• First-degree burglary is the same as second-degree burglary, except the defendant is accused of using or threatening violence during the commission of the crime. For example, threatening someone with a weapon, even if you didn’t use the weapon while the burglary took place, would be charged as first-degree burglary. The penalties range from four to 48 years in prison, depending on the level of violence involved.

In addition, burglary of a controlled substance carries stiffer penalties. It is likely you will be facing other charges as well, such as theft, property damage, trespassing, assault, and more. These related offenses don’t just add to your criminal record -- they also elongate your prison sentence, going from a few years to a few decades, as well as pile on potential fines. Even a more minor charge of third-degree burglary could still result in a lengthy prison sentence if there are related charges added on. That is why finding the best defense is the most important step you can take.

Back to Top

What Can I Do to Defend Myself Against Burglary Charges?

Burglary is an intent crime. This means that the prosecution must be able to prove that you truly intended to commit burglary. If they are unable to do that, then they may have to resort to charging you with a lesser crime, such as petty theft, or drop your charges altogether. Attacking the prosecution’s attempt to prove your intent is one of the best ways to defend against burglary; however, there are a few other defenses that can also be implemented, including:

  • You were on the property lawfully.
  • You were unaware that you were on the property illegally.
  • You are not the alleged criminal, and your identity has been mistaken.
  • The police officers involved committed misconduct.

Always remember that the prosecution has the burden of evidence. Defendants do not have to prove they are innocent, just provide enough evidence so that the jury has reasonable doubt as to their guilt. However, accomplishing that can be difficult for those who don’t know their way around a courtroom. If you want to have the best possible outcome at your trial, you need to work with a skilled attorney.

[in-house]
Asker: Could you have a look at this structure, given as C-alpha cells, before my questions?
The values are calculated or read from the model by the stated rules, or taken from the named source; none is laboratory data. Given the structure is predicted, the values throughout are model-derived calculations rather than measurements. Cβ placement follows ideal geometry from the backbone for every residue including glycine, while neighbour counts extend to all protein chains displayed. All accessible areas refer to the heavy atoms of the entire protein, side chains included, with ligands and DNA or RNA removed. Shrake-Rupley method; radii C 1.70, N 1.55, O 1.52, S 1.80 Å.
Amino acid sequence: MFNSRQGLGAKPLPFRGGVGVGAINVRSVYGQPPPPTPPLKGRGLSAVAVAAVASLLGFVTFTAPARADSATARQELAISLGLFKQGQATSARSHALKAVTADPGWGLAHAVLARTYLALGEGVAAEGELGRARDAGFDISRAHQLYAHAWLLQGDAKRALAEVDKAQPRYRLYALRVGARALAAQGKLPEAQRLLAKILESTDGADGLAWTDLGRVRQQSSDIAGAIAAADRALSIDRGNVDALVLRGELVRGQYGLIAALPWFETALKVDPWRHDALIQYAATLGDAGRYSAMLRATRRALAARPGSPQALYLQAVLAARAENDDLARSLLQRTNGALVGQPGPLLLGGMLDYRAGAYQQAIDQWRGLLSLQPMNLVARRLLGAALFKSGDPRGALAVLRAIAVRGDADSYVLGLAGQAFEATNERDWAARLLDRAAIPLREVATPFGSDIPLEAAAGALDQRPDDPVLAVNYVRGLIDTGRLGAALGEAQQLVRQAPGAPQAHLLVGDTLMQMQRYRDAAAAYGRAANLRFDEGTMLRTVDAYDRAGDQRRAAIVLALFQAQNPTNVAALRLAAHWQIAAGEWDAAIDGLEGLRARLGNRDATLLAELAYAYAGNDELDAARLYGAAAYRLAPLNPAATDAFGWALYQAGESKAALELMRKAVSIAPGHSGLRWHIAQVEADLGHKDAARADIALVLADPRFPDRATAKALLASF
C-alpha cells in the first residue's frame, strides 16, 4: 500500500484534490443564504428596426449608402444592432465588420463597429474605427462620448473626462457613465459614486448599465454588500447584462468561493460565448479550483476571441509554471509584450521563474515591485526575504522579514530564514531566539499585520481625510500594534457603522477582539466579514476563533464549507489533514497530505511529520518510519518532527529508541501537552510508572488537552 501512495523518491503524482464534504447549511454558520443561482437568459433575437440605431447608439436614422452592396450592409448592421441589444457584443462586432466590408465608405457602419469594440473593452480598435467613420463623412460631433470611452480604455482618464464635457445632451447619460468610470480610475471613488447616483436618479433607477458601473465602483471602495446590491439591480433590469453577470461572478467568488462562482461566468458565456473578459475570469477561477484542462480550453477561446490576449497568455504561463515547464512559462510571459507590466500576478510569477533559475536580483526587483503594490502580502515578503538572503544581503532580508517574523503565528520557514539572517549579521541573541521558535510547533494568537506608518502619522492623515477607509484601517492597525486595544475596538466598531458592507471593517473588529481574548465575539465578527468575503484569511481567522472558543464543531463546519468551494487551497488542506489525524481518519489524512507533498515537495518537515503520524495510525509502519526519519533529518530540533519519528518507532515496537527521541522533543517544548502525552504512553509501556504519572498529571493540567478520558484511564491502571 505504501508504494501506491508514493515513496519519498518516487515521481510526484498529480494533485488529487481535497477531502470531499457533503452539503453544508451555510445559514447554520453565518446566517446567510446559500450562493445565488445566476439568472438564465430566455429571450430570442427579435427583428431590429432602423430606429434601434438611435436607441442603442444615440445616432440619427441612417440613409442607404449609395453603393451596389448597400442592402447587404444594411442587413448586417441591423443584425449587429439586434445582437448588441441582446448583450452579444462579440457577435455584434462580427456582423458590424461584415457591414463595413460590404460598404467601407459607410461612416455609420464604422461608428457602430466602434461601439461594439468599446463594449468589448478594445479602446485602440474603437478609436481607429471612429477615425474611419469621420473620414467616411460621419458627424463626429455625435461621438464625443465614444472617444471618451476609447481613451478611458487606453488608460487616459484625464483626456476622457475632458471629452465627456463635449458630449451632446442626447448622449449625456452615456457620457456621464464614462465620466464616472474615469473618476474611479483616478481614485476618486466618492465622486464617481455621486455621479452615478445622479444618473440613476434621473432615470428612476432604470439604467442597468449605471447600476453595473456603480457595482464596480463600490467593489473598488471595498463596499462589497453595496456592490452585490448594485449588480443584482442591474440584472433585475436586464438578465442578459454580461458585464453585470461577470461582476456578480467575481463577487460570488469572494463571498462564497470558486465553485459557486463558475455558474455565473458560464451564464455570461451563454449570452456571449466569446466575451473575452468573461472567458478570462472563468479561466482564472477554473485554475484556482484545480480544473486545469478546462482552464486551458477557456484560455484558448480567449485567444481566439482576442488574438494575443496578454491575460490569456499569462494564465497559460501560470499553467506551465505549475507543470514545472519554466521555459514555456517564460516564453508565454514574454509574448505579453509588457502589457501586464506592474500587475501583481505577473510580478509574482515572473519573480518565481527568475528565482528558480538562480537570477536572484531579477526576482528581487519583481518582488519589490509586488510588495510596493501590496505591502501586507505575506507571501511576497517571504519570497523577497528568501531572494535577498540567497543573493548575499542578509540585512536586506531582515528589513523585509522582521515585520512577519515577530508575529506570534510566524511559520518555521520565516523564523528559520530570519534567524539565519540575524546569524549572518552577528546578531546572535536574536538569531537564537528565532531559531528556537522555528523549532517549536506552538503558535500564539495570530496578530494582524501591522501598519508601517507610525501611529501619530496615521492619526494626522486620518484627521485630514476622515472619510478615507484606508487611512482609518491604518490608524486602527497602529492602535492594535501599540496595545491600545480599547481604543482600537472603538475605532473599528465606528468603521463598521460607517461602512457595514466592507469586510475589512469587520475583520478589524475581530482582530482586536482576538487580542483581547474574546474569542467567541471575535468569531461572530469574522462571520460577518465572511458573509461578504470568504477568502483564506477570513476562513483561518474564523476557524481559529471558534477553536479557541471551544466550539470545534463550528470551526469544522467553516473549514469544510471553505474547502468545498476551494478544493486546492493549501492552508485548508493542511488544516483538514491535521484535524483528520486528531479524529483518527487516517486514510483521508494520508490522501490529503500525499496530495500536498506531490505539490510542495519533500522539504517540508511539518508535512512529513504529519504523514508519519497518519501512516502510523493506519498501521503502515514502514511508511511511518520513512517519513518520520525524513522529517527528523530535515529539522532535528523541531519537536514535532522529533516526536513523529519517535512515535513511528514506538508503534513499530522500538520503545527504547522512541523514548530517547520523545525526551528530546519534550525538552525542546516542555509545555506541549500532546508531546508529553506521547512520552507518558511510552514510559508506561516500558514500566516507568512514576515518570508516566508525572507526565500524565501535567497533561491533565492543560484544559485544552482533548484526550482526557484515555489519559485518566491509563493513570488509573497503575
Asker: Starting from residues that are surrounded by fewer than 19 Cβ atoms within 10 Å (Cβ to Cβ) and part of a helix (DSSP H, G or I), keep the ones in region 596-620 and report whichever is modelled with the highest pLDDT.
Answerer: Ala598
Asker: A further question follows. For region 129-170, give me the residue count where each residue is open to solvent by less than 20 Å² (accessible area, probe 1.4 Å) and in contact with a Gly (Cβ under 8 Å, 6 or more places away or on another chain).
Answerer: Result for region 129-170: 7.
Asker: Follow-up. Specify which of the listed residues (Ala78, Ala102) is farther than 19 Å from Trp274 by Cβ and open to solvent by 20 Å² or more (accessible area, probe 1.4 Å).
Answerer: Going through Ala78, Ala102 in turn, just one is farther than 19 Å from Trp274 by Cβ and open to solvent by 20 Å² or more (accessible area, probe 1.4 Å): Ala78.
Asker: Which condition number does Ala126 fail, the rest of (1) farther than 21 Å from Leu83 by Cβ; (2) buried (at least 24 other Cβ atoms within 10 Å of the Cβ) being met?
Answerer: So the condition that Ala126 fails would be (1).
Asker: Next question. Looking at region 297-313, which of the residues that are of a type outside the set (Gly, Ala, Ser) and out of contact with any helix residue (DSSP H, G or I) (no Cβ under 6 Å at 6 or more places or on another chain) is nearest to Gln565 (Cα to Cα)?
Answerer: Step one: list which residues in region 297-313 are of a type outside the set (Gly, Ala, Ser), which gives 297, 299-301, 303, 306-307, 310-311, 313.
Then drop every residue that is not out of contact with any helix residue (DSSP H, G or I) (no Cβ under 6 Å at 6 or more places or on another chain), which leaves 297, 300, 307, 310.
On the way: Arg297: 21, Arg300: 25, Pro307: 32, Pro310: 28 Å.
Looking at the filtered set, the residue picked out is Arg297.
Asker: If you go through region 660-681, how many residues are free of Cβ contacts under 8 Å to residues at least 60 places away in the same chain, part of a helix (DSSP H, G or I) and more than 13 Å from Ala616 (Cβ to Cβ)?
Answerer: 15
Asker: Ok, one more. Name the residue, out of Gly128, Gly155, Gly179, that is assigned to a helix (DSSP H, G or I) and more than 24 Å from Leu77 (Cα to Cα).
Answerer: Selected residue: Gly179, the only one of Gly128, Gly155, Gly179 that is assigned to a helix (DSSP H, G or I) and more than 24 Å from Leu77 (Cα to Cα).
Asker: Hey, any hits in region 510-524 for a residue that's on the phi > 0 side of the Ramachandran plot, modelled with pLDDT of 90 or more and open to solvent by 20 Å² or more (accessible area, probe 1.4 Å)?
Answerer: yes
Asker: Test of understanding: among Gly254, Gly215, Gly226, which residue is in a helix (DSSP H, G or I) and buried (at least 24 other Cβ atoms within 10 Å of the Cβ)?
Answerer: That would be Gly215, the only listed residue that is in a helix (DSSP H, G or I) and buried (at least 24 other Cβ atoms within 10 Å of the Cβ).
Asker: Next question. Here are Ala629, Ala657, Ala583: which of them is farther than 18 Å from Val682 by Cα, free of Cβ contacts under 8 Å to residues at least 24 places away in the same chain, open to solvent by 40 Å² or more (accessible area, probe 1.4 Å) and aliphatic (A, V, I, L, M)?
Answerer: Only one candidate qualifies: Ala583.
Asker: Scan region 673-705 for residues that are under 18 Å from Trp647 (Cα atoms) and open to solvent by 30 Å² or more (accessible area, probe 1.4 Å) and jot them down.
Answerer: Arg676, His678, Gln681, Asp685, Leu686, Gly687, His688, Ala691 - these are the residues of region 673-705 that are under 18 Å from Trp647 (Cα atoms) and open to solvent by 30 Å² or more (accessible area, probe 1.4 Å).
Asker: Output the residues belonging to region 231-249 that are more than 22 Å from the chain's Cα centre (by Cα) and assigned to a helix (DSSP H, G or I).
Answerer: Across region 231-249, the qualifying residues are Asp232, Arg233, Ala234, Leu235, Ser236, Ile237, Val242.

Back to Top

The Team You Need

No matter the circumstances, your best option when facing burglary charges is to talk to an experienced Grand Junction criminal defense lawyer. At Peters & Nolan, LLC, our clients’ welfare is our top priority. We believe everyone who has been charged with a crime is entitled to vigorous and effective representation, and we want to be the ones to provide you with just that. Call us today at (970) 243-4357 to schedule a free and confidential evaluation.

Back to Top

Case Results

  • Charges: Second degree burglary and tampering with evidence
    Result: Plea to trespassing, deferred sentence

Click here for more case results.

∗ Not all criminal cases are the same. These results are from actual cases handled by the attorneys at Peters & Nolan, LLC. This is not a representation, guarantee or promise as to the results or outcome of your particular matter.

Contact us today for a Free Consultation

Call Peters & Nolan, LLC at 970-243-4357 or contact us online today to schedule your free consultation.

About Us

Peters & Nolan, LLC is your ideal source for high quality legal representation throughout the state of Colorado. Known for being personable and responsive, attorneys Andrew J. Peters and Andrew Nolan are aggressive trial lawyers with an excellent record of trying and settling cases in criminal defense, DUI/DWAI and personal injury.

After a Traumatic Event,
Every Moment Counts.

Contact Peters & Nolan, LLC, for tenacious
and compassionate representation